CMV retinitis

Definition
Cytomegalovirus (CMV) is a member of a group of herpes-type viruses that can cause many diseases, including retinitis (an inflammation of the retina of the eye).

Causes, incidence, and risk factors

Cytomegalovirus, also known as CMV, is very common. The majority of adults have antibodies to CMV in their blood (indicating they have been infected) by age 40. Usually, CMV produces no symptoms. However, serious CMV infections can occur in people with impaired immunity (immunocompromised hosts), such as those with AIDS.

People undergoing chemotherapy, which weakens the immune system, or those receiving immunosuppressive drugs for bone marrow or organ transplants, are also vulnerable.

One serious CMV infection is CMV retinitis, which can cause blindness. Retinitis usually begins in one eye, but often progresses to the other eye. Without treatment, progressive retinal destruction will lead to blindness in 4 to 6 months.

Even with continuous treatment, the disease can become worse, causing blindness. This may be because the virus becomes resistant to the drugs, so that the drugs are no longer effective, or because the patient’s immune system has deteriorated further.

Patients with CMV retinitis also have a 25-40% of developing retinal detachment, in which the retina detaches from the nerves of the eye, causing blindness. Systemic CMV infection can also occur.

About 25% of people with AIDS develop CMV retinitis. Therefore, AIDS patients with a CD4 count of less than 100 cell/ mm3 should be examined periodically for retinitis, even if they have none of the symptoms listed below.

An HIV positive individual with visual disturbances should seek medical attention and arrange for an exam.

Symptoms

Note: Many patients with CMV retinitis have no symptoms.

     
  • floaters (small spots in the vision)  
  • decreased visual acuity  
  • loss of peripheral vision  
  • blurred vision  
  • blind spots

Signs and tests

CMV retinitis is diagnosed through a standard ophthalmologic exam. Dilation of the pupils and indirect ophthalmoscopy will show signs of CMV retinitis.

Diagnosis of CMV infection can be made through the following tests:

     
  • Blood or urine culture: a blood or urine sample is cultured to see if it will grow the virus in the laboratory. Results take as long as three weeks.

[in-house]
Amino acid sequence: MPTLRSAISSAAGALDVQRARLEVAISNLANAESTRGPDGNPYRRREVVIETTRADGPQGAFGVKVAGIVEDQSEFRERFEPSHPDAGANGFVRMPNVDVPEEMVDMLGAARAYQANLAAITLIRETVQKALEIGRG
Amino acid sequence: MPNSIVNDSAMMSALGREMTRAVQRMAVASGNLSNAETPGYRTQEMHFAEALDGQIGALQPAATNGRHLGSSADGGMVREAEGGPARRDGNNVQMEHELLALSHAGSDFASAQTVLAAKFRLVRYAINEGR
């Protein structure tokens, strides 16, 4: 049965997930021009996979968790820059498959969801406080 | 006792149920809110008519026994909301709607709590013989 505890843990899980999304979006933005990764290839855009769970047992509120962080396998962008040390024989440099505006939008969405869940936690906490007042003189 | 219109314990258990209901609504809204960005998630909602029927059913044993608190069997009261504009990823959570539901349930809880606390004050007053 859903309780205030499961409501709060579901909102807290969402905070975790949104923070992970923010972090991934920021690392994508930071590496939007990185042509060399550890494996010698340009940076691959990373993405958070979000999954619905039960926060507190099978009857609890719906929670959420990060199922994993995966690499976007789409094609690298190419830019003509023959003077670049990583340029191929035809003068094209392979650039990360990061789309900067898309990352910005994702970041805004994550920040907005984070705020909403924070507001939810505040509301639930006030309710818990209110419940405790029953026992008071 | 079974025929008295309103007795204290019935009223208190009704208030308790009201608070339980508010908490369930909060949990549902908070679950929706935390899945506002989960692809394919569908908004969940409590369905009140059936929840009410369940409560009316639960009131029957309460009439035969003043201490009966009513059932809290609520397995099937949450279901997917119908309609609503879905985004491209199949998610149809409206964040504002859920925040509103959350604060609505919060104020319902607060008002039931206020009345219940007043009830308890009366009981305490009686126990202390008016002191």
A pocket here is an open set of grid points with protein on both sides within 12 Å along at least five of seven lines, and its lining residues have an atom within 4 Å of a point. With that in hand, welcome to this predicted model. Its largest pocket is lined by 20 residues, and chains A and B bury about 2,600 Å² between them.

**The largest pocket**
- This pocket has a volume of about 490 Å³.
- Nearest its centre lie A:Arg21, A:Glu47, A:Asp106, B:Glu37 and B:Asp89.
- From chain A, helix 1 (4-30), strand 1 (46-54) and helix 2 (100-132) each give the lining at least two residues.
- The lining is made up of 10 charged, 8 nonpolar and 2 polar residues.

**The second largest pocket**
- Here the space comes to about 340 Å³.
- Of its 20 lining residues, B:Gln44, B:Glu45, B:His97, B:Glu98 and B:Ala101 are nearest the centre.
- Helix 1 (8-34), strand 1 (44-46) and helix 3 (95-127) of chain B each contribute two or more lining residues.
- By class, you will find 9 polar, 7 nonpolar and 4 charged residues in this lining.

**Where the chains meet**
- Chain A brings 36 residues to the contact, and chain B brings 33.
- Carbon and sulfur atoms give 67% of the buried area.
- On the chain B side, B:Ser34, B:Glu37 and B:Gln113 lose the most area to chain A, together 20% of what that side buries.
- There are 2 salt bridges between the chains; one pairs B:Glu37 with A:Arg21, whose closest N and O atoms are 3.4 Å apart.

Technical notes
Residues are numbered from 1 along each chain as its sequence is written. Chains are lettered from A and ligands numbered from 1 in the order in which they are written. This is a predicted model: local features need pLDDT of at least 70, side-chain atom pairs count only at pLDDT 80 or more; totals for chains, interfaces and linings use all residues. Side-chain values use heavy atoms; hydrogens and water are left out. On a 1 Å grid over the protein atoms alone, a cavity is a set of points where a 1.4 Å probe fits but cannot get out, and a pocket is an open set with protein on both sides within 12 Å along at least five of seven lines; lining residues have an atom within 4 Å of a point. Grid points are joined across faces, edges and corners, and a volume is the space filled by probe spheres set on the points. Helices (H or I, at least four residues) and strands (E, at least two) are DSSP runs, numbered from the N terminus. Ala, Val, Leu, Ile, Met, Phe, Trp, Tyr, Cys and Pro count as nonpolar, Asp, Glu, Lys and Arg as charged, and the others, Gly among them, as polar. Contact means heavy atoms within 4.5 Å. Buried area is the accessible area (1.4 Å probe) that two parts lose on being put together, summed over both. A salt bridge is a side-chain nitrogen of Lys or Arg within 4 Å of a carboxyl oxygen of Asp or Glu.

• CMV PCR: this is a blood test that detects the presence and amount of CMV in the blood.  
  • CMV antigenemia test: this blood test detects the viral particles on the surface of white blood cells. This can indicate if the virus is replicating in the body or is inactive.  
  • CMV serology: this test detects CMV antibodies in the blood. Most people have two types of antibodies, IgG (which indicate old infection) and IgM (which indicate new infection).  
  • Tissue biopsy for culture: a biopsy of the tissue (often from the lung or stomach) that CMV is thought to have infected is cultured in the laboratory to see if it will grow the virus. This tissue can also be examined in the laboratory for evidence of viral infection and presence of CMV viral particles.

Treatment

The objective of treatment is to prevent progression of the disease, which can lead to blindness. Therapy must be continued indefinitely, or until blindness occurs. Intravenous ganciclovir, foscarnet, and cidofovir have all been shown to improve CMV retinitis.

Once the patient is improving, the drugs can sometimes be taken orally instead. Sometimes, however, CMV is resistant to these drugs. Also, ganciclovir can deplete white blood cells, and cidofovir and foscarnet can cause kidney damage.

Ganciclovir and foscarnet can also be given as intravitreal implants. Intravitreal implants are small capsules of medications surgically inserted into the eye. They deliver a very high dose of medication to the eye.

Oral anti-CMV agents should be taken along with the implants, which must be changed every eight months. These implants have been shown to be beneficial in reducing progression of CMV retinitis.

Fomivirsen, a drug recently approved by the FDA, is injected directly into the eye.

Expectations (prognosis)

Progression of the disease is common, even when therapy continues, because antiviral medications stop the replication of the virus but do not destroy it. CMV is itself immunosuppressive and may worsen the symptoms of other causes of immunosuppression.

Complications

     
  • retinal detachment  
  • blindness  
  • low white blood cell count with use of ganciclovir  
  • kidney impairment with use of foscarnet

Calling your health care provider
If symptoms worsen or do not improve with treatment, or if new symptoms develop, call your health care provider.

Prevention

Symptomatic CMV infection normally occurs only in immunocompromised individuals. Avoiding the primary cause of immune deficiency, AIDS, will therefore prevent symptomatic CMV infection.

Individuals with HIV should begin anti-HIV medications. Individuals undergoing chemotherapy, taking anti-rejection medications for transplant, or undergoing cortisone therapy should report any visual abnormalities to their doctor.

Johns Hopkins patient information

Last revised: December 3, 2012
by Gevorg A. Poghosian, Ph.D.

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